Gondwanan faunal signatures from Early Palaeozoic terranes of Kazakhstan and Central Asia: evidence and tectonic implications
Leonid E. Popov, Michael G. Bassett, Vyacheslav G. Zhemchuzhnikov, Lars E. Holmer, Inna A. Klishevich, 2009. "Gondwanan faunal signatures from Early Palaeozoic terranes of Kazakhstan and Central Asia: evidence and tectonic implications", Early Palaeozoic Peri-Gondwana Terranes: New Insights from Tectonics and Biogeography, M. G. Bassett
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Two separate tectonic blocks in the southwestern segment of the Kazakhstanian orogen, the Chu–Ili terrane and the Karatau–Naryn terrane (with particular attention to Malyi Karatau), are selected to illustrate their geological history and major biogeographical signatures from the Cambrian to the early Silurian. Mid- to Late Ordovician brachiopod and trilobite faunas of Chu–Ili show increased endemicity of shallow shelf assemblages, whereas distinct links to equatorial (‘east’) peri-Gondwanan are more evident in trilobite assemblages of the outer shelf. In the Late Ordovician, strong biogeographical affinities to equatorial Gondwanan faunas became firmly established and they are also traceable into the Silurian. Early Cambrian faunas of Malyi Karatau show remarkable similarity to those of South China. From the Middle Cambrian this region evolved as an isolated carbonate seamount, but until the Early Ordovician links to South China faunas were still evident. Benthic faunas from both regions show weak links to contemporaneous faunas of Baltica and little in common with Cambrian and Ordovician faunas of the Siberian craton. This suggests their location in low southern latitudes, in relative proximity to East Gondwana, which places some constraints on plate-tectonic reconstructions in relation to the southern cluster of Kazakhstanian terranes, including Karatau–Naryn, North Tien Shan and Chu–Ili.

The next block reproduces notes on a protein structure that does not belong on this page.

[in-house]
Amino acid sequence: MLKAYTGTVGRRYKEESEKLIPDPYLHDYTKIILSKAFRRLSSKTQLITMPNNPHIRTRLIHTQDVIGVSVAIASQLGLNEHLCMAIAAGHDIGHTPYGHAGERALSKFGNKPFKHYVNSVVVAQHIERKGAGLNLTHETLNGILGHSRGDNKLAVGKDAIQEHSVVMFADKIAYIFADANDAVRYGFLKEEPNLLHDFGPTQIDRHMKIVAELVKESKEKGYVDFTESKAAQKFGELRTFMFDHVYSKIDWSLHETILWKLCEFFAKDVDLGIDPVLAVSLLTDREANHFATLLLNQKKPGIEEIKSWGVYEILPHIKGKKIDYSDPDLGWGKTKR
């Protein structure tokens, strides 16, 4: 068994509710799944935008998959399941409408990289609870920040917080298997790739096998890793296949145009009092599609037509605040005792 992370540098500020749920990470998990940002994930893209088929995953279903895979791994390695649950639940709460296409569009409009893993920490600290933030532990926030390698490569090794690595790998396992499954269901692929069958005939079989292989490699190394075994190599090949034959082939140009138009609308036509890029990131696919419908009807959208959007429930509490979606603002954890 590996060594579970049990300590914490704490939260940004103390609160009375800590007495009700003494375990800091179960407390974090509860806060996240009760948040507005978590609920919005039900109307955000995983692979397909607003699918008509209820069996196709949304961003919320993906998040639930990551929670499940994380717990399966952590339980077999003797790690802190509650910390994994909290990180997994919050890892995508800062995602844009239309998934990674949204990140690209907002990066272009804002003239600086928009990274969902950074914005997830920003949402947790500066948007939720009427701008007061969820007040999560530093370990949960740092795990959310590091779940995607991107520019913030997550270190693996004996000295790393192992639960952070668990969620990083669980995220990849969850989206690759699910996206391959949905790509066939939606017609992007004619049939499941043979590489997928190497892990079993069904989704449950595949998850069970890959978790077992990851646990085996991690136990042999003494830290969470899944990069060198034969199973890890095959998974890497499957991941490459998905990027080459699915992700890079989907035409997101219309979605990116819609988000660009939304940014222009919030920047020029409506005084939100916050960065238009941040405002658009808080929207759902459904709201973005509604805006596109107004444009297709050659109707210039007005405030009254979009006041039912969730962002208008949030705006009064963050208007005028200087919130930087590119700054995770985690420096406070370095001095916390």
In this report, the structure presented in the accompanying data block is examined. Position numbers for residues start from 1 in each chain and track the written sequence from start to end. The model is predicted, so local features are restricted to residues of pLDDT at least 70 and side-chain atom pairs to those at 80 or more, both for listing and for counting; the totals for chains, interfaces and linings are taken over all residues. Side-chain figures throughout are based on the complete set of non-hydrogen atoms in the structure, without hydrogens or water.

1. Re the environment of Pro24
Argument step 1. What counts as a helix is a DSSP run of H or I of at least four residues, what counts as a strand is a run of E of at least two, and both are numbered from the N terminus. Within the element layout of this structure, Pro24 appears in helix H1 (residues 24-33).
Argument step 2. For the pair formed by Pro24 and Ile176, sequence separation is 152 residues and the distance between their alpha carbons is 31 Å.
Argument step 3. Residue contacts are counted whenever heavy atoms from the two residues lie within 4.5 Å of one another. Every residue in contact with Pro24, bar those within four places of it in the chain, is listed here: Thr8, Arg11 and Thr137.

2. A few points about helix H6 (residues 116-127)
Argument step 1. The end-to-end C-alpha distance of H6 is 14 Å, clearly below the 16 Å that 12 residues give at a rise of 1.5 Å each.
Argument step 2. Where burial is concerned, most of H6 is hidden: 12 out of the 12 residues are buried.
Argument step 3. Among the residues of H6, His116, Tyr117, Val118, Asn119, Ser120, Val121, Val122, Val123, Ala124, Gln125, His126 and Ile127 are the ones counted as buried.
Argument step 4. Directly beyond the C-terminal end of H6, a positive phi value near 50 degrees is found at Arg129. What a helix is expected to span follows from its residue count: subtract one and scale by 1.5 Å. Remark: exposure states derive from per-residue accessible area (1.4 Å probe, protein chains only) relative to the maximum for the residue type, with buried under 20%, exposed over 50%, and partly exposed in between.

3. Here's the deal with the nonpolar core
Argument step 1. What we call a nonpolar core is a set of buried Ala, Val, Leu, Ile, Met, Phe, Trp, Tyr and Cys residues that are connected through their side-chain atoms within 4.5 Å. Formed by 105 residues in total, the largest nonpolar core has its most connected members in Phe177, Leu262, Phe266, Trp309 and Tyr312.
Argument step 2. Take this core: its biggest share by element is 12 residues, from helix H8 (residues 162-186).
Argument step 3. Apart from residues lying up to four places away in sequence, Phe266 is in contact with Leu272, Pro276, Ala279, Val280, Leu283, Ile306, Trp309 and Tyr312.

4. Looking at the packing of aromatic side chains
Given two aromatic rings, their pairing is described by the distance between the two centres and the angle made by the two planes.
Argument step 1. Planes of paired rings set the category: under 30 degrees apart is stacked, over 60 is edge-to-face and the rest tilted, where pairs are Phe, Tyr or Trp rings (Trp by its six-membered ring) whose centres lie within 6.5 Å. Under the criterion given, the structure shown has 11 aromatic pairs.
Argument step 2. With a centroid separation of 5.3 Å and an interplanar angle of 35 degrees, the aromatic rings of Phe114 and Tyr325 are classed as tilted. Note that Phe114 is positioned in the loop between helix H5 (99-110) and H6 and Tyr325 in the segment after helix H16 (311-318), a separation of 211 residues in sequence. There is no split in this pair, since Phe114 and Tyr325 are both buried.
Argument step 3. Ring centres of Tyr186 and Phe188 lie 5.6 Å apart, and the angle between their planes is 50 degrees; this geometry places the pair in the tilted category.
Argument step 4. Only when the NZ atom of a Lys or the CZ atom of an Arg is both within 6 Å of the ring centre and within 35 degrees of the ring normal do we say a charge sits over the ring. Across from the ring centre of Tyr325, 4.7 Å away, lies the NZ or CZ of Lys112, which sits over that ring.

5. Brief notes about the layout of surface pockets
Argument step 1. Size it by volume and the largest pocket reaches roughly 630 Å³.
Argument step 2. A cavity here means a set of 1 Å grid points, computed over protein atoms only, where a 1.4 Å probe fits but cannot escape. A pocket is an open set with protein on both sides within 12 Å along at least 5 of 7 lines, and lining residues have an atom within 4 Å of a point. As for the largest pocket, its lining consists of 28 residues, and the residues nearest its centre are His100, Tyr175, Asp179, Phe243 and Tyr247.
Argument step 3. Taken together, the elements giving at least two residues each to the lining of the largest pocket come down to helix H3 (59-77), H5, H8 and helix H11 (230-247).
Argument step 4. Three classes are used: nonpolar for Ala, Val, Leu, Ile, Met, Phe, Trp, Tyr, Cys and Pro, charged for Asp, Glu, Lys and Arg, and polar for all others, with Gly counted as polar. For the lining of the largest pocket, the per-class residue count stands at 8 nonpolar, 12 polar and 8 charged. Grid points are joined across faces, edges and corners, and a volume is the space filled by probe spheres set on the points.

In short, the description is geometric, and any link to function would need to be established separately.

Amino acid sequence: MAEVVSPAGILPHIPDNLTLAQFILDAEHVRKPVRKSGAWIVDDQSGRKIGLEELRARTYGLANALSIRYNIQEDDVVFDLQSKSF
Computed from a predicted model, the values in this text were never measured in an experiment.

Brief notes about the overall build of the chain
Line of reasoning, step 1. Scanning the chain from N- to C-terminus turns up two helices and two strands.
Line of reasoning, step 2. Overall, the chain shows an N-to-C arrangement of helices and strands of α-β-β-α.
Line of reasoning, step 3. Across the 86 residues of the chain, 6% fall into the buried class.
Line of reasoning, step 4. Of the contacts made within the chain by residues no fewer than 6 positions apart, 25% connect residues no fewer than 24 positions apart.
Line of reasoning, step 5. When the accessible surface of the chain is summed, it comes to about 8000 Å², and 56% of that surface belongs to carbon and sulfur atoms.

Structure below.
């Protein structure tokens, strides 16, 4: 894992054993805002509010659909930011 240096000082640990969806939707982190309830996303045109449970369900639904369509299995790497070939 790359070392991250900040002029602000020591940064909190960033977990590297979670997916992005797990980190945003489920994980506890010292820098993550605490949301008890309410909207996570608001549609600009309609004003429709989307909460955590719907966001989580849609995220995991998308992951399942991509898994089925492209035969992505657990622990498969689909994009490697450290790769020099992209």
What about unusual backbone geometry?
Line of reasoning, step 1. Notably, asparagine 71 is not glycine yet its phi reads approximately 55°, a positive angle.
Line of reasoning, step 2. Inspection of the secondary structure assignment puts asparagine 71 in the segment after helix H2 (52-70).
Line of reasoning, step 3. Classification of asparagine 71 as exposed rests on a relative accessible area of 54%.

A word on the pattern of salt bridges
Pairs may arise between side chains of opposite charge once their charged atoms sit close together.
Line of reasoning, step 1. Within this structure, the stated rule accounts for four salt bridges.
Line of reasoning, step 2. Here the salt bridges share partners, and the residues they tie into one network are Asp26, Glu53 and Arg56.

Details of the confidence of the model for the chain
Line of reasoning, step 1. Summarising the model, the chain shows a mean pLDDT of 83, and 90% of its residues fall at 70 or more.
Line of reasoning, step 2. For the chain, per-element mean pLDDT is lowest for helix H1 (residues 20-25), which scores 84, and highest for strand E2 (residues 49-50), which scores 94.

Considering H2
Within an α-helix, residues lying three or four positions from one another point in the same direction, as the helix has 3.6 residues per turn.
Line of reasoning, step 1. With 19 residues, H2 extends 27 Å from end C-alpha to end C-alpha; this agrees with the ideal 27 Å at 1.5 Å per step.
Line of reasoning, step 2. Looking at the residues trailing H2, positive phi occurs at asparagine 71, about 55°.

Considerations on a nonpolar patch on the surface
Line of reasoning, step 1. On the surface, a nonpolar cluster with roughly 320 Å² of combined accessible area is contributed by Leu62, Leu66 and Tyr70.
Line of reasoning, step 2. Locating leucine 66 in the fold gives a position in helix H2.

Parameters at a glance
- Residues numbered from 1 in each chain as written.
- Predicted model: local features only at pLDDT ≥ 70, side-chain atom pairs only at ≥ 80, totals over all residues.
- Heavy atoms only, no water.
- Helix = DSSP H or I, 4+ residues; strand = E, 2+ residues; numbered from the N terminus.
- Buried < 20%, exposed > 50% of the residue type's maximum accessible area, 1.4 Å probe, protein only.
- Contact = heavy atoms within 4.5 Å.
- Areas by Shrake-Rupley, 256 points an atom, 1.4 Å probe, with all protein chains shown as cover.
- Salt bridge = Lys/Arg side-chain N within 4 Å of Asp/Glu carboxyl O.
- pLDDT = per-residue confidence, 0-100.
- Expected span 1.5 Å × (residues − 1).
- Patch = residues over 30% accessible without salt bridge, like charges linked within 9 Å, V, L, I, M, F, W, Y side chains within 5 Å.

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Following the late Neoproterozoic – early Cambrian breakup of the supercontinent Rodinia, Gondwana evolved as one of the principal continental masses on Earth, embracing most of South America, Africa, Australasia, Antarctica, much of western Europe and parts of Asia. Around its margins were various other terranes that had varying tectonic and biogeographical affinities with the main continental block. This book incorporates a series of reviews and multidisciplinary research papers that together explore the tectonic, palaeogeographical and palaeobiogeographical evolution of the elements that made up the peri-Gondwanan collage. The stratigraphical scope of the coverage embraces the late Precambrian through early Devonian, providing a comprehensive overview of structural, stratigraphical and biological evolution through this significant interval of Earth history. Integration of these various processes throughout the volume will be of broad-based interest to a wide range of geoscientists.